After the match in his post match press conference Tsitsipas spoke out about what positives he can take from the last two weeks winning the title in Monte Carlo and making the final in Barcelona and pushing Nadal to three sets on clay.

“That’s great stuff but I was looking for a win and I felt there was opportunities that I had and for some reason, I didn’t take (it),” he said, “I felt I could have pulled off better tennis but I’m happy that I brought him (Nadal) so close. I was a match point up, that ball was literally two centimetres from winning that match point”

Nadal on the other hand was pleased with the fact he won another title in his home country and was asked how he is able to still compete year after year on such a hard tour.

“It means a lot to me, it’s difficult to manage something like this 10 or 15 years ago but here we are,” he said. “I mean I went through some tough moments in my career with injuries but I always hold the passion and the love for the sport to keep going with a great team and a great family that have been so important for holding the passion and the motivation to help me in those low moments. I am super happy to be where I am today and it’s an important achievement for me”

Nadal will move up to number two in the world on Monday with the win which is also his 12th title in Barcelona.


Diego Schwartzman Receives Threats On Social Media Following Shock Davis Cup Defeat

The world No.15 is the latest player to speak out about recieving abusive messages on social media.




The weekend has been an emotional rollercoaster for Diego Schwartzman, who suffered ‘one of the worst’ losses of his career before helping secure victory for his country in their Davis Cup tie against Belarus.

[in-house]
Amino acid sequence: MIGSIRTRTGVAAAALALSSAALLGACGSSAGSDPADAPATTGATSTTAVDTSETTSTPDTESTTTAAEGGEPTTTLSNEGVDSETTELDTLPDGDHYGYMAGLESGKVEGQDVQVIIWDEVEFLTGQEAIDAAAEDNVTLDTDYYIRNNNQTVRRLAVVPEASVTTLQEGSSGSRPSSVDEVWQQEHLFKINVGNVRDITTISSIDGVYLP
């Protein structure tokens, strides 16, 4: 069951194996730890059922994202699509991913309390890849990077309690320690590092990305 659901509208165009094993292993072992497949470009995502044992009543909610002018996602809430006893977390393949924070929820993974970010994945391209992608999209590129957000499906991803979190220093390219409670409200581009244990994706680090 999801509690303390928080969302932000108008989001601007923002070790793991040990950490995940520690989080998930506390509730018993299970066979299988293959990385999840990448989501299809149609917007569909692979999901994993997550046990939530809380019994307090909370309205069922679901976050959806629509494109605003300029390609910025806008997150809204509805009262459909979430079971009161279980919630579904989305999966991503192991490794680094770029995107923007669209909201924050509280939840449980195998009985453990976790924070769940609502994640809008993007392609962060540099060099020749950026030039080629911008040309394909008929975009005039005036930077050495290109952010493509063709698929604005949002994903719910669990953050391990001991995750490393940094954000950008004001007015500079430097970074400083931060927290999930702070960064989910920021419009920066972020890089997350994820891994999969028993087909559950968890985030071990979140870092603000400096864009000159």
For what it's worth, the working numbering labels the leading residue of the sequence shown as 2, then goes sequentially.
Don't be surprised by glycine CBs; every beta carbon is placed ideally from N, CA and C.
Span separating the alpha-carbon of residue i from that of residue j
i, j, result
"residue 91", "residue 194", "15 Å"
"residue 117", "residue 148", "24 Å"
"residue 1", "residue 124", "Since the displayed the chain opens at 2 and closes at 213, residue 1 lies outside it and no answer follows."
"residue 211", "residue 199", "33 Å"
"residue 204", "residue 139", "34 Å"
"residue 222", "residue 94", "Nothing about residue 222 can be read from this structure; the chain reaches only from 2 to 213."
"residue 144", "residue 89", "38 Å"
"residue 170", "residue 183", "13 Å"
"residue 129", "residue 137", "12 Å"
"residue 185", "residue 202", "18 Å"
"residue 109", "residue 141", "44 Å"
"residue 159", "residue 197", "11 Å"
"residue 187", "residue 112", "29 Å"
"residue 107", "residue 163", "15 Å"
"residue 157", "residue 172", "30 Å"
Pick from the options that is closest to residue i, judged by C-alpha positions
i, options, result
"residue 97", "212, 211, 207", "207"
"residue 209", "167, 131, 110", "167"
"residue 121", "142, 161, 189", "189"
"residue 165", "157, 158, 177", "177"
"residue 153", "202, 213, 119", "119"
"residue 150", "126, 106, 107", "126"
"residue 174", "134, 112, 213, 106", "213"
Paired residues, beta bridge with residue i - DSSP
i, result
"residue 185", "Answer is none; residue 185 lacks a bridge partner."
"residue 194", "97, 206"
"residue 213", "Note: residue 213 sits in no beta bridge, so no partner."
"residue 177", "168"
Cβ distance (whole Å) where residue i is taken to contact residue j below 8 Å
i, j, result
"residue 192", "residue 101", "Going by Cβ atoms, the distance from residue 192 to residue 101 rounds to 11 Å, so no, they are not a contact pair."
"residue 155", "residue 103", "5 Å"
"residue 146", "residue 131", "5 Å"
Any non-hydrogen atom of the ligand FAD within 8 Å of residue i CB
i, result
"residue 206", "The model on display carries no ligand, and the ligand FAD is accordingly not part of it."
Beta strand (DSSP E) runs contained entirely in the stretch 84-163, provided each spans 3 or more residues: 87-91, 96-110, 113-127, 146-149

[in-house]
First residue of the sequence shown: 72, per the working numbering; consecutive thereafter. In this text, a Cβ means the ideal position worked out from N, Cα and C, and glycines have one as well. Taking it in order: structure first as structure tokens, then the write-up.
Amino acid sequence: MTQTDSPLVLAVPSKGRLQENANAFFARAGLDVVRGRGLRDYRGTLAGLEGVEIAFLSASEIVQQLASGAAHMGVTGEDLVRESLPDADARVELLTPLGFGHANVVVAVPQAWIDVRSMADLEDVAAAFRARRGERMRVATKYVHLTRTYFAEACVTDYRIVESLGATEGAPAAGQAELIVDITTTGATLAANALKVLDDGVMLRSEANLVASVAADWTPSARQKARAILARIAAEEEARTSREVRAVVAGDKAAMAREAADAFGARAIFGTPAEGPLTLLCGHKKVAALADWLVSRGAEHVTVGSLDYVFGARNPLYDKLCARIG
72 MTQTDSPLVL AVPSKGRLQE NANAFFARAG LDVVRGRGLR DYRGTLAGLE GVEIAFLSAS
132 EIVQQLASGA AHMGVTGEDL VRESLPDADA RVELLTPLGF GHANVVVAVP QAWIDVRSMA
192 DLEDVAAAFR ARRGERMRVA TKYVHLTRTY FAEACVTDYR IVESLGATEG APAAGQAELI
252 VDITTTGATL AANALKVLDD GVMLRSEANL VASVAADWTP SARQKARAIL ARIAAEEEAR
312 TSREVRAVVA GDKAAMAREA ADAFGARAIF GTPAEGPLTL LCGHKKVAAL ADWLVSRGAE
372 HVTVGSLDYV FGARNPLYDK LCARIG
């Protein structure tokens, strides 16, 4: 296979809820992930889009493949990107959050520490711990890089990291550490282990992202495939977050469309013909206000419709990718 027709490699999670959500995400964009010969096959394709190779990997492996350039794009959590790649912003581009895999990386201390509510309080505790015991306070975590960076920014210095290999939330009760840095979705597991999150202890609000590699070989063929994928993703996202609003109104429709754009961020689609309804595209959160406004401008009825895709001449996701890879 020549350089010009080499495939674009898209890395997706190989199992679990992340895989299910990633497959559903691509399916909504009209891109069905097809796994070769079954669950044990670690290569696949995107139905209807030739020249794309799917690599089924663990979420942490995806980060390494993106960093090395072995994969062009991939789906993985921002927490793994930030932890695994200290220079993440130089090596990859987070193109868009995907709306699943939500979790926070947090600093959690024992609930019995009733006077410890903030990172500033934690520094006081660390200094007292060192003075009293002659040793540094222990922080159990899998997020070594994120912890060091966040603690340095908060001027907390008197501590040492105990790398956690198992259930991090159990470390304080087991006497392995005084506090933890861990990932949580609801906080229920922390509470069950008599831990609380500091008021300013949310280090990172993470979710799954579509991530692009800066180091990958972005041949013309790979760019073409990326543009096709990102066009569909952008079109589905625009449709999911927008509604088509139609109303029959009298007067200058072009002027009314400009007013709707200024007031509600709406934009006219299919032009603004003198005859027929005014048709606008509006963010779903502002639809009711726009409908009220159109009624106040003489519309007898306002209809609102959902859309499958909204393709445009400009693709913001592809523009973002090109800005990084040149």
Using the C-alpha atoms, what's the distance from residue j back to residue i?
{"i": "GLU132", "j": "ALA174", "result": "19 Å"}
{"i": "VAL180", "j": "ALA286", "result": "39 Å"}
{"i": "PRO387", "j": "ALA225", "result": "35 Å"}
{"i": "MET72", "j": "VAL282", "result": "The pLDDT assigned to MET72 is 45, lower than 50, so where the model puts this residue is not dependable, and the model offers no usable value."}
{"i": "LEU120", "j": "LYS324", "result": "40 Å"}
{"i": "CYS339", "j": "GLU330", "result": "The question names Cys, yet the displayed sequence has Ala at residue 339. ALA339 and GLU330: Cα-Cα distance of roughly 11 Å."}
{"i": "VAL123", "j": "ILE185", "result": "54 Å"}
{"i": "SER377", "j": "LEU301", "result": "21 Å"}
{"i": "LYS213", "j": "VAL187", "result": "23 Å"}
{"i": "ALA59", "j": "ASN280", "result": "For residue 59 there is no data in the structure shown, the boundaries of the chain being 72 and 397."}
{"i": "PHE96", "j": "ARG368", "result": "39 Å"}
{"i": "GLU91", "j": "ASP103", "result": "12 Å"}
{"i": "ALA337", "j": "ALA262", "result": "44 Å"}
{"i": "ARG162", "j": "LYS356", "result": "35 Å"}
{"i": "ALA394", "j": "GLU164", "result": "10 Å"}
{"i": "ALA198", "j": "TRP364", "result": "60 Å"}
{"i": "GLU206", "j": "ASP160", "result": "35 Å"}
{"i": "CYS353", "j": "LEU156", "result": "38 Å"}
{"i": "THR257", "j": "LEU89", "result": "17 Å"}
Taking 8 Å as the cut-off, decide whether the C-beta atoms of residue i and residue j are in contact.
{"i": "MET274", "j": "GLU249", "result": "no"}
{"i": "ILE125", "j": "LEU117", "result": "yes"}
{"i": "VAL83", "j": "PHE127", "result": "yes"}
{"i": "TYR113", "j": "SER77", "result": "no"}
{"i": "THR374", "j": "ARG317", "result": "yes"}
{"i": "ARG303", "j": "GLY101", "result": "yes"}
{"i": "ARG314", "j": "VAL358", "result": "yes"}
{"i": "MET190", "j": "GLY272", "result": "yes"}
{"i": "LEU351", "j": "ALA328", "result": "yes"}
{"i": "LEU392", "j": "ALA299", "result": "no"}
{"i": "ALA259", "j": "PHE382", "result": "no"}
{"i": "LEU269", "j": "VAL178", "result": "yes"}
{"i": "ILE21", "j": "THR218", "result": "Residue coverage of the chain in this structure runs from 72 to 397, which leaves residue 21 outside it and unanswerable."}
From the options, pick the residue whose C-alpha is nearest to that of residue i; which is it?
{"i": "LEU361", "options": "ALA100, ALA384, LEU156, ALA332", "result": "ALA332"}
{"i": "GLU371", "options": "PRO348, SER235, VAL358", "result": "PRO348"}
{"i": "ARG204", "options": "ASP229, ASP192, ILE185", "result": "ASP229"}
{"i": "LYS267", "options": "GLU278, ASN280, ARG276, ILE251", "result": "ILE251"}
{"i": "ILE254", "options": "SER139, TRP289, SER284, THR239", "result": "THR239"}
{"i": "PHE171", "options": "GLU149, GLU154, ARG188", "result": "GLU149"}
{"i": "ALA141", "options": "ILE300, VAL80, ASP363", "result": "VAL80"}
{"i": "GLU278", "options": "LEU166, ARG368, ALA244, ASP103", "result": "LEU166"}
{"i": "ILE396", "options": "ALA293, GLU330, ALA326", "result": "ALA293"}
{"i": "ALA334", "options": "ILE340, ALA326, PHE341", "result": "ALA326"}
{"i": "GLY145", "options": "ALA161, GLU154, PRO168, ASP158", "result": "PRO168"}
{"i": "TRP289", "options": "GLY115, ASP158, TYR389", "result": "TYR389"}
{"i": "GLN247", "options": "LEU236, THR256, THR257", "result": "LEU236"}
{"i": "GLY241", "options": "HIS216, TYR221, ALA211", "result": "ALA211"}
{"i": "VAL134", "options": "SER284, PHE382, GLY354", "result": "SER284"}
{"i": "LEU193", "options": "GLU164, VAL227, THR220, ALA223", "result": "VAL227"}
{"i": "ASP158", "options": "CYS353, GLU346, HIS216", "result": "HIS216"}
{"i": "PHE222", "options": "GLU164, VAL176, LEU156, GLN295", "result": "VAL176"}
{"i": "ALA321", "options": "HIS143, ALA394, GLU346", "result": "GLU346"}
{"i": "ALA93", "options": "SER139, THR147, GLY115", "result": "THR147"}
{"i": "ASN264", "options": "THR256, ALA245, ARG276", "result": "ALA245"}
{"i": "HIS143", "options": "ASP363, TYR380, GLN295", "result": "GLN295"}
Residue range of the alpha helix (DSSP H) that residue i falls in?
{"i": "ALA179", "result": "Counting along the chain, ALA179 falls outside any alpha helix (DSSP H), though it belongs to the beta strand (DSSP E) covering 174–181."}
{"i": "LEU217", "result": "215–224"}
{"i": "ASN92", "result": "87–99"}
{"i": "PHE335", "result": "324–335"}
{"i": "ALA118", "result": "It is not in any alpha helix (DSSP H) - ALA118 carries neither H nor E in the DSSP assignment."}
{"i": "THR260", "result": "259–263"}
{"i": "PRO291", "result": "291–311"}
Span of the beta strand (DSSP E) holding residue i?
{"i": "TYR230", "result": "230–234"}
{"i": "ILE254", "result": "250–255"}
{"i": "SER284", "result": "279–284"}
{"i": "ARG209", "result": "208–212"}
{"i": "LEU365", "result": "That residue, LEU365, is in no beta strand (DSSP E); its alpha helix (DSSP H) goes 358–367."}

On Saturday the world No.15 was stunned by unranked 18-year-old Daniil Ostapenkov who is yet to play a professional match on the pro Tour. Ostapenkov is currently ranked 63 in the world on the junior circuit. The comprehensive victory shocked the Argentinian team who was hosting the tie at the Buenos Aires Lawn Tennis Club.

Despite the shock upset, Schwartman managed to redeem himself the following day when he defeated Alexander Zgirovsky 6-1, 6-2. That victory handed his country an unassailable 3-1 lead in their tie and secured their place in the 2022 Davis Cup qualifiers which will take place next March.

Not only playing Davis, but in Buenos Aires, with a lot of people you don’t see, it’s not easy. My level can be and has to be much better. After the game on Saturday I had a difficult day in the spirit of being able to get up and enjoy with the group,” La Nacion quoted Schwartzman as saying.
“The most normal thing was that we won the series. It’s what everyone expected. But when you have a very difficult day at work like it was on Saturday and then you win, it excites you because you have some internal things withheld.”

Between those two matches, Schwartzman revealed that he was trolled on social media by some people unhappy about his loss in the tie. The 2020 French Open semi-finalist said he received criticism and even threats from some asking him to leave his home country. Something he admits affected him at times.

“It was one of the worst days of my career,” Schwartzman commented on his loss to Zgirovsky. “I lost to an unranked, inexperienced player. All that already affects (me) a lot. Although 80 or 90 percent of the people are always encouraging (me), there was a minority who criticized me with bad intentions.’